Retail payment systems


Unlike individual payment systems, retail payment systems process a large quantity of mostly low-value transactions, with 19.9 billion payments amounting to a total of €70.6 billion being processed in Germany in 2013. Most of these are everyday customer payments such as credit transfers, direct debits, card payments and cheques. As a rule, they are not urgent; instead, they are settled by the next business day.
Although the amounts of money transferred in retail payments are significantly smaller than in individual payments, the former nevertheless play an important role with respect to public confidence in the euro and, thus, with respect to the security and efficiency of the financial system as well. Any risks should therefore be mitigated wherever possible in order to ensure that retail payments can be effected as smoothly as possible.

In Germany, retail payments between banks are traditionally settled via three different channels. The majority of transactions are processed exclusively on an internal basis using the payment infrastructures of individual institutions or groups of institutions. Some institutions that handle large payment volumes exchange payments with selected other institutions solely at a bilateral level in a process known as garage clearing. Any retail payments that cannot be settled using the aforementioned channels are settled via clearing houses. As retail payment systems, these clearing houses are subject to payment systems oversight.


Typical risks that can arise in retail payment systems include the following.

  • Credit risk: Under certain conditions, this can arise as a result of delays in the settlement of payment flows in net settlement systems. Any default on the part of a system participant between netting and settlement due to a lack of liquidity exposes the counterparties to default risk. The netted payment claims of all participants affected would have to be corrected and the payment flows reversed. This gives rise to the risk of a possible domino effect that could spread to the entire system.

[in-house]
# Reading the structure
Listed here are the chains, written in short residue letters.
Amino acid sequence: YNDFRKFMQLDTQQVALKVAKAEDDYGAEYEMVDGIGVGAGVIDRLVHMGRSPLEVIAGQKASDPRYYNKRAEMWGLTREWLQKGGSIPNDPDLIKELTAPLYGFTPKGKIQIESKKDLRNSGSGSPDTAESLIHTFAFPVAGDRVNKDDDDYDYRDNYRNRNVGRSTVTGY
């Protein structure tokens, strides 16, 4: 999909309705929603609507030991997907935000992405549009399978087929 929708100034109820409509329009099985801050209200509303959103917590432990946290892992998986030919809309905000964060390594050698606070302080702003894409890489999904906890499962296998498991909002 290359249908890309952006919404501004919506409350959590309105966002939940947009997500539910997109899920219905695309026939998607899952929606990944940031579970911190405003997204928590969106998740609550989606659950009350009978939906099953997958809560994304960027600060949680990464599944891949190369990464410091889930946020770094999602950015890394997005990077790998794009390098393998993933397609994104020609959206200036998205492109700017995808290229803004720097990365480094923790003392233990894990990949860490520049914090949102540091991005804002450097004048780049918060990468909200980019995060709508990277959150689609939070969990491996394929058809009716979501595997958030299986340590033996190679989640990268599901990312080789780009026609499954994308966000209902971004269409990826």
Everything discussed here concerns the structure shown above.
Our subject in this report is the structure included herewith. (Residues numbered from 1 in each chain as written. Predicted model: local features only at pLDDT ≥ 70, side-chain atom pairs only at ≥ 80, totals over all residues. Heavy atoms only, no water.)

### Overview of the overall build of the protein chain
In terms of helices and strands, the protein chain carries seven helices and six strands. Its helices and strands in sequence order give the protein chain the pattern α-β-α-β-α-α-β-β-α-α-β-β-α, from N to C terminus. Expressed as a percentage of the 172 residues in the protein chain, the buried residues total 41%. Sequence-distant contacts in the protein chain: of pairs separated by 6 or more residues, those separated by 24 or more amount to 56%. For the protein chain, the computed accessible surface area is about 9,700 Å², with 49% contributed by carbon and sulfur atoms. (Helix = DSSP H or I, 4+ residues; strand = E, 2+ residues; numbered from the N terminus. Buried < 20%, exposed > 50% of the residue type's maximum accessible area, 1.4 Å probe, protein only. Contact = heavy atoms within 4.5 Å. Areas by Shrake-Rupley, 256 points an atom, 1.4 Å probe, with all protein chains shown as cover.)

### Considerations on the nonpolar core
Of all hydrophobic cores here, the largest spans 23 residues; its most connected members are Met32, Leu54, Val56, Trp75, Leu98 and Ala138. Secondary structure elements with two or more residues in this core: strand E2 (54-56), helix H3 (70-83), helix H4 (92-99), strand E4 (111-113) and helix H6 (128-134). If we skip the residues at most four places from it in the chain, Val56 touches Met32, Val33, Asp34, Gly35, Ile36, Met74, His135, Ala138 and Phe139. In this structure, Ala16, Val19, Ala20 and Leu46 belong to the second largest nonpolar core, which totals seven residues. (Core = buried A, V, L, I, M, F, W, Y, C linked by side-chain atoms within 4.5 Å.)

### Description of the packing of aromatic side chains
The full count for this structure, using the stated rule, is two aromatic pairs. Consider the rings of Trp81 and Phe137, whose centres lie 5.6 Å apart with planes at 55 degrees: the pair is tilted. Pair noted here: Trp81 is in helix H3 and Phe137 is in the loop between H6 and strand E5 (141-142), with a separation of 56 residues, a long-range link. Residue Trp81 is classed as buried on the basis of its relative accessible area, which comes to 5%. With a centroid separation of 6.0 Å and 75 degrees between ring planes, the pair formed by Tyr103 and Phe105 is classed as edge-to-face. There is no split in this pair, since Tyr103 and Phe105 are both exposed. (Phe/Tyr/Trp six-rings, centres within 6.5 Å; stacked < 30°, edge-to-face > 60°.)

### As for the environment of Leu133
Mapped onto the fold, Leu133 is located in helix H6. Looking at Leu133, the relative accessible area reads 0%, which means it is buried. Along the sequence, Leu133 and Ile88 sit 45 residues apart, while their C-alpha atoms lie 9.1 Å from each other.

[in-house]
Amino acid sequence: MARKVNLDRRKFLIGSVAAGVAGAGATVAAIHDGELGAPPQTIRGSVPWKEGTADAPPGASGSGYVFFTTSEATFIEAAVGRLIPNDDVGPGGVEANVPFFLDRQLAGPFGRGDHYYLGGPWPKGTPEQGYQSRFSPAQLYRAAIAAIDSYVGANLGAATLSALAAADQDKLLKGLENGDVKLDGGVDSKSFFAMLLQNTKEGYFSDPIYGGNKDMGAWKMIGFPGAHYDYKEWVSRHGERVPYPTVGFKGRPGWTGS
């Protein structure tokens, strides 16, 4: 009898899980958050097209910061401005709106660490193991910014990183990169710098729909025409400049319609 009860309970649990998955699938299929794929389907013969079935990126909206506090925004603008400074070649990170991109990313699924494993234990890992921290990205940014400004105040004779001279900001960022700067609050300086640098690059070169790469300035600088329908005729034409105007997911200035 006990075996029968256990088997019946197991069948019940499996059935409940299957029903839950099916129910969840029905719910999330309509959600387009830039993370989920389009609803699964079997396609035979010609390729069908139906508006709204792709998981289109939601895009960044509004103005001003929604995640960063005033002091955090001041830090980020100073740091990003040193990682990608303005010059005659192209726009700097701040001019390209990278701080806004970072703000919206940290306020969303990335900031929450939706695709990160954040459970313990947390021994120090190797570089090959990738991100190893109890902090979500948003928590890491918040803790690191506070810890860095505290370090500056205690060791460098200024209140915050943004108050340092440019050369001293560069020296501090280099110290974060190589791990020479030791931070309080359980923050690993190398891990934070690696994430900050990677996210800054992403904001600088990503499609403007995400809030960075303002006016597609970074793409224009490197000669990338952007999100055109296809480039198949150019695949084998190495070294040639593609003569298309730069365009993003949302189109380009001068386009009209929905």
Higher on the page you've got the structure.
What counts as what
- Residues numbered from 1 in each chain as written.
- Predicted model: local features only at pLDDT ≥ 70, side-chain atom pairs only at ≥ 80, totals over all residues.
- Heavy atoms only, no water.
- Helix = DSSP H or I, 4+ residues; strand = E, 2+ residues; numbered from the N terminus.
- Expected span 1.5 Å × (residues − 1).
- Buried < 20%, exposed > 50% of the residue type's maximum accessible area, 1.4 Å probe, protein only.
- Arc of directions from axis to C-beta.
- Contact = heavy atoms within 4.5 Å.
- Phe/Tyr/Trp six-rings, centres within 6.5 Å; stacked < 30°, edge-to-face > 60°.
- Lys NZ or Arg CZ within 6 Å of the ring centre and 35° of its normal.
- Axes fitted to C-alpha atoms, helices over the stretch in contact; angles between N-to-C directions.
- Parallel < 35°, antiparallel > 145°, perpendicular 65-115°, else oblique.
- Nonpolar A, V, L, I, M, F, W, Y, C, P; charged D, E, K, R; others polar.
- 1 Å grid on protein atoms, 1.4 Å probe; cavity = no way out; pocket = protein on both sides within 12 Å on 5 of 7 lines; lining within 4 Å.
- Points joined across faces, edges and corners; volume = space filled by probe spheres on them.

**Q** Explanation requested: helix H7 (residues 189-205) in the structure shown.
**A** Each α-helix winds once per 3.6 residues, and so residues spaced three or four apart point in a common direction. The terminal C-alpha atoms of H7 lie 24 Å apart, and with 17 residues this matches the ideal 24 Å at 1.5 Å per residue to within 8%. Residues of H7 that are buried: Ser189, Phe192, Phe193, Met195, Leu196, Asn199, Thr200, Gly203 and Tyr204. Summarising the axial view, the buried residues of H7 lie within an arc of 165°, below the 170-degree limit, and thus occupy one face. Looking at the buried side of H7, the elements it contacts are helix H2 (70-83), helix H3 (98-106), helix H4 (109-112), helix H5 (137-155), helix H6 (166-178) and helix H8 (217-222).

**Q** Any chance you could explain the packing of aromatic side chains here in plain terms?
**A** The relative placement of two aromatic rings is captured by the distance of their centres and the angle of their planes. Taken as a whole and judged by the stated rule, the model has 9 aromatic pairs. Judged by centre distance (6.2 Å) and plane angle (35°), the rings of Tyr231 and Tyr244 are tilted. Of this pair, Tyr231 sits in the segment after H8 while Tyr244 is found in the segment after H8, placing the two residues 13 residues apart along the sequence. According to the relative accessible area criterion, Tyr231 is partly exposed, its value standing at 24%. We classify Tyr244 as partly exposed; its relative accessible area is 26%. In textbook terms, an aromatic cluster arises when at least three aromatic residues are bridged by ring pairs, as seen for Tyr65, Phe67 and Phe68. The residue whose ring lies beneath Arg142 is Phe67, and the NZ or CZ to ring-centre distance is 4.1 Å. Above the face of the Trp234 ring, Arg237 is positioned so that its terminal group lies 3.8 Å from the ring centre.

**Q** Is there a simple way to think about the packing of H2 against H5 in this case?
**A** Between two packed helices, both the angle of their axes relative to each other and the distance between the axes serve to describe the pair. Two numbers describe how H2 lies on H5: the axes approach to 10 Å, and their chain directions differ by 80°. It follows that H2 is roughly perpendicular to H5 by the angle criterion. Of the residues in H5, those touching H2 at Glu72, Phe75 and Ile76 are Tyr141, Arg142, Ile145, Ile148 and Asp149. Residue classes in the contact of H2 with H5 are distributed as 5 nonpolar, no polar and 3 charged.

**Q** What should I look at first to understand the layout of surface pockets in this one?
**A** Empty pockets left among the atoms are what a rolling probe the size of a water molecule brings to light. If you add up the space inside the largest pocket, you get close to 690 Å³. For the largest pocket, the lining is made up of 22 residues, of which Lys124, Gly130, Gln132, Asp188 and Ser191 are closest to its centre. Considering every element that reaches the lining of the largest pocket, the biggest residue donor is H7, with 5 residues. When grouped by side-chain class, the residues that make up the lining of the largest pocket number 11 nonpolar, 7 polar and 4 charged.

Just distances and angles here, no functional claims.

• Legal risk: This arises if, for example, the legal basis for a retail payment system is not enforceable in all jurisdictions in which services are offered.
  • General business risk: This type of risk arises if, for instance, a system operator suffers a loss in turnover due to falling demand and does not have sufficient equity capital or liquid funds at its disposal to continue its business activities under the changed market conditions.

Oversight activities for retail payment systems also cover a variety of other areas.

The following regulations form the basis for the oversight of retail payment systems.

  • Revised Oversight Framework for Retail Payment Systems
  • Oversight Expectations for Links between Retail Payment Systems
  • CPSS/IOSCO Principles for Financial Market Infrastructures
  • In the case of systemically important retail payment systems pursuant to Eurosystem classification, it is necessary to meet the provisions set out in Regulation of the European Central Bank (EU) No 795/2014 of 3 July 2014 on oversight requirements for systemically important payment systems.

The Bundesbank is responsible for the oversight of RPS, its retail payment system. In order to avoid conflicts of interest, the divisions responsible for the operation and further development of RPS are kept separate from the division responsible for overseeing retail payment systems and have their own lines of reporting and management.

Furthermore, the Bundesbank participates in the Eurosystem's joint monitoring of the STEP2-T retail payment system operated by EBA CLEARING under the lead of the European Central Bank in its capacity as a competent authority.